In medical device and diagnostic manufacturing, companies must keep a complete and accurate record of each product they produce in the form of a device history record (DHR). For those manufacturers using a paper-based or partially electronic system, maintaining complete and orderly DHRs according to U.S. Food and Drug Administration (FDA) 21 CFR Part 820 requirements is an inefficient process with inaccurate or missing information, poor data tracking, and other unnecessary risks.
A new white paper identifies some of the common pains that manufacturers face in their DHR processes, and it explores key ways an electronic DHR system can help to resolve these pains.
Common challenges among companies that have not automated their DHR systems include the following.
Pain #1: Inefficient DHR Processes
DHR processes conducted manually are inherently slow, cumbersome, and prone to errors. Yet most manufacturers still manage their DHRs via manual processes, meaning every step of the DHR process is conducted by a person and on paper. Examples of this pain point include:
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Top Device History Record Pain PointsDownload Free White Paper
What can manufacturers do to resolve inefficient DHR processes? Leveraging DHR automation can relieve some of the common problems associated with inefficient DHR processes in multiple ways, including: real-time DHR form validation; faster equipment maintenance processes that reflect best practices; and faster, more accurate product recalls should they be needed.
Pain #2: Insufficient Tracking Capabilities
Manufacturers that rely on manual, paper-based DHR systems limit their ability to track manufacturing changes, identify quality events, and take corrective actions in real time. Insufficient tracking limits the potential value of this data and practically ensures the occurrence of bottlenecks, a critical problem if defective batches need to be identified:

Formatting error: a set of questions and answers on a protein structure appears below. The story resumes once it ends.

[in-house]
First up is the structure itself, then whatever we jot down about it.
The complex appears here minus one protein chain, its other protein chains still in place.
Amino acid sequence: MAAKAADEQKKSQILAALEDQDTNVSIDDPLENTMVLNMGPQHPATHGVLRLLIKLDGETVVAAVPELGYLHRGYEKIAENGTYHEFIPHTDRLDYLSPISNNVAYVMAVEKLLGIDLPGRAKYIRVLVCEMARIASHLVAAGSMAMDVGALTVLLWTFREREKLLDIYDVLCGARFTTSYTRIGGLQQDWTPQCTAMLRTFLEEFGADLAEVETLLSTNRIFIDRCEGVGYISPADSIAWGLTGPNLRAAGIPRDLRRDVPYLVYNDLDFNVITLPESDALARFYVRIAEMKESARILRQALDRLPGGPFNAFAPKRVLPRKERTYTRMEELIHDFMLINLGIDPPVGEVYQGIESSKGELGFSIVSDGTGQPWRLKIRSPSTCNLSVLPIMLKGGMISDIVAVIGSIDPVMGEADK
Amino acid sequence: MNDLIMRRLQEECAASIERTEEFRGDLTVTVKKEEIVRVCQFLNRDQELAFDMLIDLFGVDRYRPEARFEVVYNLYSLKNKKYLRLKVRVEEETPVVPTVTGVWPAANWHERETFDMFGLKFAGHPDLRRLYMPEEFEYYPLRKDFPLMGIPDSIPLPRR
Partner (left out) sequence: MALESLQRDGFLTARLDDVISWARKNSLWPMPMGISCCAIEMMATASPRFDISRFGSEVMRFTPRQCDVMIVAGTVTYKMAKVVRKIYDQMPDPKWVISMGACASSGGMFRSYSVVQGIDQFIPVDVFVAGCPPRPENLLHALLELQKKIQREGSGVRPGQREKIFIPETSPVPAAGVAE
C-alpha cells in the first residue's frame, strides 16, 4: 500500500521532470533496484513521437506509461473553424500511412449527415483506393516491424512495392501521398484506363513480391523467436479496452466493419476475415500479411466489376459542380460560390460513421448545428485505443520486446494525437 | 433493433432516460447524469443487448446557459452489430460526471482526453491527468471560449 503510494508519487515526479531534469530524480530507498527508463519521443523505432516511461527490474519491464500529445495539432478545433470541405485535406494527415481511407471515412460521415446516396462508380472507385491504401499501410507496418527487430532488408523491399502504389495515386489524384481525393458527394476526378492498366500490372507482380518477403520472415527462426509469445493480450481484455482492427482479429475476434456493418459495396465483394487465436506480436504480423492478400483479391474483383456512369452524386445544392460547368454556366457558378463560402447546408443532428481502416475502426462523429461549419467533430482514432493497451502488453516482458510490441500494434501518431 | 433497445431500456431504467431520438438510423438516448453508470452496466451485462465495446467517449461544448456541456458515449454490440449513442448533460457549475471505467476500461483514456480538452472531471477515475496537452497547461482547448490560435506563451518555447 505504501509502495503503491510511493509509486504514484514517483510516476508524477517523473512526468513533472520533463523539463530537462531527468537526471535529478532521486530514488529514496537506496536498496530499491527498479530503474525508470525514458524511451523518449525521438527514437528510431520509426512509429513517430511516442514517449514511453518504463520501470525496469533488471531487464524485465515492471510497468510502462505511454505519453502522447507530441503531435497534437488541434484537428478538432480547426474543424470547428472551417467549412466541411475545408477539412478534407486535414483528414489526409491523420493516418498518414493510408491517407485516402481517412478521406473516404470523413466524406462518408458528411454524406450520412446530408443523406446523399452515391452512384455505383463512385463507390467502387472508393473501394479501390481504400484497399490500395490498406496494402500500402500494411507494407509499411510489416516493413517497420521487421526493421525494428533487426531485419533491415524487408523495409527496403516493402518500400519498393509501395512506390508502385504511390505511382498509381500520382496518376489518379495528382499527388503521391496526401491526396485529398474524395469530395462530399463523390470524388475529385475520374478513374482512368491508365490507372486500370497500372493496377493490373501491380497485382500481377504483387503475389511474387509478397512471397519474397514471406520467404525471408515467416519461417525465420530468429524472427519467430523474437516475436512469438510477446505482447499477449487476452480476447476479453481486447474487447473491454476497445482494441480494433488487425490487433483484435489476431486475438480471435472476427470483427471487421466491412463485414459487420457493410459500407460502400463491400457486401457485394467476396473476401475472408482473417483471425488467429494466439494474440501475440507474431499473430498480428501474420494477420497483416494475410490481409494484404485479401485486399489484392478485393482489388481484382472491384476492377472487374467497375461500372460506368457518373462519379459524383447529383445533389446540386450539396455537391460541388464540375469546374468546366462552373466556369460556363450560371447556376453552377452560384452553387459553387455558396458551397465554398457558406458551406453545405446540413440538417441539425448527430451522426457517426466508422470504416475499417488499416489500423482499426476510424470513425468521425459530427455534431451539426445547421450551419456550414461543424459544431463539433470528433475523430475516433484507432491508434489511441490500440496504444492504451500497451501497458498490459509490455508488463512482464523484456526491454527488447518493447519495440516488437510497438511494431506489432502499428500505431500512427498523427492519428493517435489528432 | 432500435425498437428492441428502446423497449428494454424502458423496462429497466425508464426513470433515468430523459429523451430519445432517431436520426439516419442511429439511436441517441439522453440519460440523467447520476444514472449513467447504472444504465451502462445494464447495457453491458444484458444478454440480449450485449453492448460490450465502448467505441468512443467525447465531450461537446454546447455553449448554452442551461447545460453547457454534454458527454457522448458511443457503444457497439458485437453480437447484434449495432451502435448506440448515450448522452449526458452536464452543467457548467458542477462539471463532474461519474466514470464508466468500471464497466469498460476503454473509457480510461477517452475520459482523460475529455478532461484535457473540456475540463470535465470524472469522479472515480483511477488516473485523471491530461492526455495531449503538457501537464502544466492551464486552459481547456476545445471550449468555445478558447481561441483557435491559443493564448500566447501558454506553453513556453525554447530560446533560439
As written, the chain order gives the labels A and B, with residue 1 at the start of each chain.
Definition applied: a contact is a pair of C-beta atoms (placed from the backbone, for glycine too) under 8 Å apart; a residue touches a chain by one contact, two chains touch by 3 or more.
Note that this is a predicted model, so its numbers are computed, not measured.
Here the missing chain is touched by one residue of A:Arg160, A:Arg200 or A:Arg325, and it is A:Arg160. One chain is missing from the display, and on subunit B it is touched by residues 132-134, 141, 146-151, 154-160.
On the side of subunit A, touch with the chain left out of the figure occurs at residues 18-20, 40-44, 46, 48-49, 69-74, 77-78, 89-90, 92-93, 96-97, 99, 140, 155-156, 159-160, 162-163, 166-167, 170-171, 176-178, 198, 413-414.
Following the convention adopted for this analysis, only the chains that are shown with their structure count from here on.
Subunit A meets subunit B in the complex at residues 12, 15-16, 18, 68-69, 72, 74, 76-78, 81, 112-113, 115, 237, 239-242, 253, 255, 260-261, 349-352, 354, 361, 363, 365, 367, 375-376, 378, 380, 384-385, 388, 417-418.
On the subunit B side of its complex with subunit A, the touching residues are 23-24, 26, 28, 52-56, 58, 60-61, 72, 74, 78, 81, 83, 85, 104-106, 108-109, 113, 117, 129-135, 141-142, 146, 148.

An eDHR system with real-time nonconformance- and deviation-tracking tools can give manufacturers greater access to production data to make more informed decisions about deviations. It will enable manufacturers to improve their ability to report quality events, initiate corrective actions, access production data quickly, and achieve right first time (RFT).
Pain #3: Disconnected Systems
Manufacturers continue to rely on multiple systems to monitor, collect and aggregate data across business operations, from enterprise resource planning (ERP) to learning management systems (LMS). Poor synchronization across the company’s systems can seriously limit the throughput between manufacturing and other critical business areas. If a manufacturer’s relevant systems are unable to communicate with one another, common DHR problems arise:
Robust eDHR tools can enable connections between systems, interfaces and people in some key ways: maintaining compliance in personnel training by verifying training requirements and proactively scheduling training; and facilitating productive connections between people throughout the entire company.
Pain #4: Poor Life Cycle Tracking
The life cycle of a medical device is long, and a product’s DHR may be needed long after customer use. Postmarket problems can arise, and without detailed production information on hand, both time and money are often wasted looking for a resolution. Details are critical in manufacturing, yet maintaining those details can be a challenge in numerous ways, including:
An eDHR system can help manufacturers track all entered information accurately and ensure availability to all involved stakeholders throughout the entire product lifecycle. Especially for medical device manufacturers, maintaining accurate and accessible DHRs can be a lifesaver.
To learn more about the pitfalls of paper-based DHR processes, as well as the benefits of an eDHR system, download the white paper Top Device History Record Pain Points.
David Butcher has been writing about business and technology trends in the manufacturing space for more than a decade. Currently a marketing communications specialist at MasterControl, he previously served as editor of ThomasNet News’ Industry Market Trends and as assistant editor for Technology Marketing Corp.’s Customer Interaction Solutions. He holds a bachelor’s degree in journalism from the State University of New York, Purchase.